After our recent trip to Sundance London we had another chance to see films as part of a festival at the homegrown Norwich Film Festival.  Once more we decided to focus on the Short Film programme and managed to get to three of the four evening events.

First up we saw the BAFTA shorts - all of the films nominated at the main film award earlier in the year.  This screening comprised of seven films shown in two hours and surprisingly was my least favourite event.

The films were all technically good (and I'm told that two even were played as part of the 2013 Norwich Film Festival) but with the exception of Island Queen  none of them particularly wowed me. I think that after the variety of Sundance these all seemed too professional and polished and often too long.  I can't quite explain it in a way but I just preferred the shorter, rougher films.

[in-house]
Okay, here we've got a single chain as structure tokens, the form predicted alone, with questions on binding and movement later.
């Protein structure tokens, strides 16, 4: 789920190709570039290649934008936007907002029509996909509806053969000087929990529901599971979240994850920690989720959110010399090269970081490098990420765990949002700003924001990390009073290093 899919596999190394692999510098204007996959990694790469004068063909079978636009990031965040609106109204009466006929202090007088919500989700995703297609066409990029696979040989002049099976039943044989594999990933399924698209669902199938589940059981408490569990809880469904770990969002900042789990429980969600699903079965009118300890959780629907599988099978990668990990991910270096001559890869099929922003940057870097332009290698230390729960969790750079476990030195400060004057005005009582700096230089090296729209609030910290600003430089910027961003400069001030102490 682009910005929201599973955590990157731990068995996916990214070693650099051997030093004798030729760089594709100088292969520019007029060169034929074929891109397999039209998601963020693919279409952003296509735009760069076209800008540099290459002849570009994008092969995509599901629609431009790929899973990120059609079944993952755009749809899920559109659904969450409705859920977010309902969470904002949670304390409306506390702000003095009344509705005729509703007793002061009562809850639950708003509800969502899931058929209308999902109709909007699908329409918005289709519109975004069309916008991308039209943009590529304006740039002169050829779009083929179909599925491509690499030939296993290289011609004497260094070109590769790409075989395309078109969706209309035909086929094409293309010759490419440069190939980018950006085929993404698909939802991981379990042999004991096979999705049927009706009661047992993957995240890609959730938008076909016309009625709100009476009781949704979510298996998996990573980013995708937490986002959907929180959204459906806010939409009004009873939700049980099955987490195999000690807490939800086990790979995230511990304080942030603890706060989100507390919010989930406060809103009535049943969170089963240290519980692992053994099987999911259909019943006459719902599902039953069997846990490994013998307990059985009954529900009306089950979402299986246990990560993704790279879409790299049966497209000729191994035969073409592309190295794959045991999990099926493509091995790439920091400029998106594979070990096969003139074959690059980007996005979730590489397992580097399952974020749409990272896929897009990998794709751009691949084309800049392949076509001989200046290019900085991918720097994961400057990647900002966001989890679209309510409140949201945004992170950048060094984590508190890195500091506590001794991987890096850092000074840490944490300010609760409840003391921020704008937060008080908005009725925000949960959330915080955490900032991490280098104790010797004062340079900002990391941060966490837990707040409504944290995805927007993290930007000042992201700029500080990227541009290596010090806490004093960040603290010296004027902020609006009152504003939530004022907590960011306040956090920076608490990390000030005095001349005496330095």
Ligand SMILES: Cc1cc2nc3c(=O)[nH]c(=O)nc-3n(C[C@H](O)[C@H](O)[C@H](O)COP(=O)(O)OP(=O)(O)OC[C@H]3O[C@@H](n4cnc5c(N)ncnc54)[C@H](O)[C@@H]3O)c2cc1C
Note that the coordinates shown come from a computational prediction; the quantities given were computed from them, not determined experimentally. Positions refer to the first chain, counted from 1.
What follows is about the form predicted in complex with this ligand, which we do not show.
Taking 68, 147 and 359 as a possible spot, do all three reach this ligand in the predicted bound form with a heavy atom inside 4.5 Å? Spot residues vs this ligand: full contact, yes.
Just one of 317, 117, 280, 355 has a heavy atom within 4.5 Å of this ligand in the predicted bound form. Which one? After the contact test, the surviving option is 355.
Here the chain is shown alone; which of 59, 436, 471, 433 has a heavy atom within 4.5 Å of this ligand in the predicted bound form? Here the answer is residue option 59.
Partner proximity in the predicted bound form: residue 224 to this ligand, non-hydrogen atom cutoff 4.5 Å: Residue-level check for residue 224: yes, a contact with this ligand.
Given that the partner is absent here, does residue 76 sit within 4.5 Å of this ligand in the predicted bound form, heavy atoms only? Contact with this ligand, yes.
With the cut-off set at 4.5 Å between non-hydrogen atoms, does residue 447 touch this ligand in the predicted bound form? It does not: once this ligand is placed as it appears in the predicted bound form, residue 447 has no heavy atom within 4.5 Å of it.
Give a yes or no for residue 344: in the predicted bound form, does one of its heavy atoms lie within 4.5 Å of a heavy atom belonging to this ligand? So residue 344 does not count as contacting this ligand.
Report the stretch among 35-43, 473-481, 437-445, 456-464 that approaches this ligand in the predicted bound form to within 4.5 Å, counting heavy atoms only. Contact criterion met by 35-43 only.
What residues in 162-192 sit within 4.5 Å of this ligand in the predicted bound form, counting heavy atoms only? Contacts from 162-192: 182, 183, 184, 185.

Luckily the other two screenings were more like this, and while (obviously) I didn't like all of the 27 films shown they were much more to my taste comprising a mix of 1 minute films, student projects, animations and some professional films.

My overall favourite films were all animations: The Gravedigger's Tale , Une Aventure d'Escargots and Angels and Ghosts but the A Day in the Life of a Bathroom Mirror  was very funny as was Liars and several others were very moving.

I'm not a huge fan of films generally but 'shorts' are really growing on me and I'm looking forward to next year's festival already.

(ps - all of the links this time are 'worksafe')

Thursday, 8 May 2014

Theatre 2014: Review Sixteen

Titus Andronicus. Shakespeare's Globe, London. April 2014.

This was always a play I was nervous about seeing - it was a set text in my first term and even reading it made me feel a bit queasy.  It is beyond violent.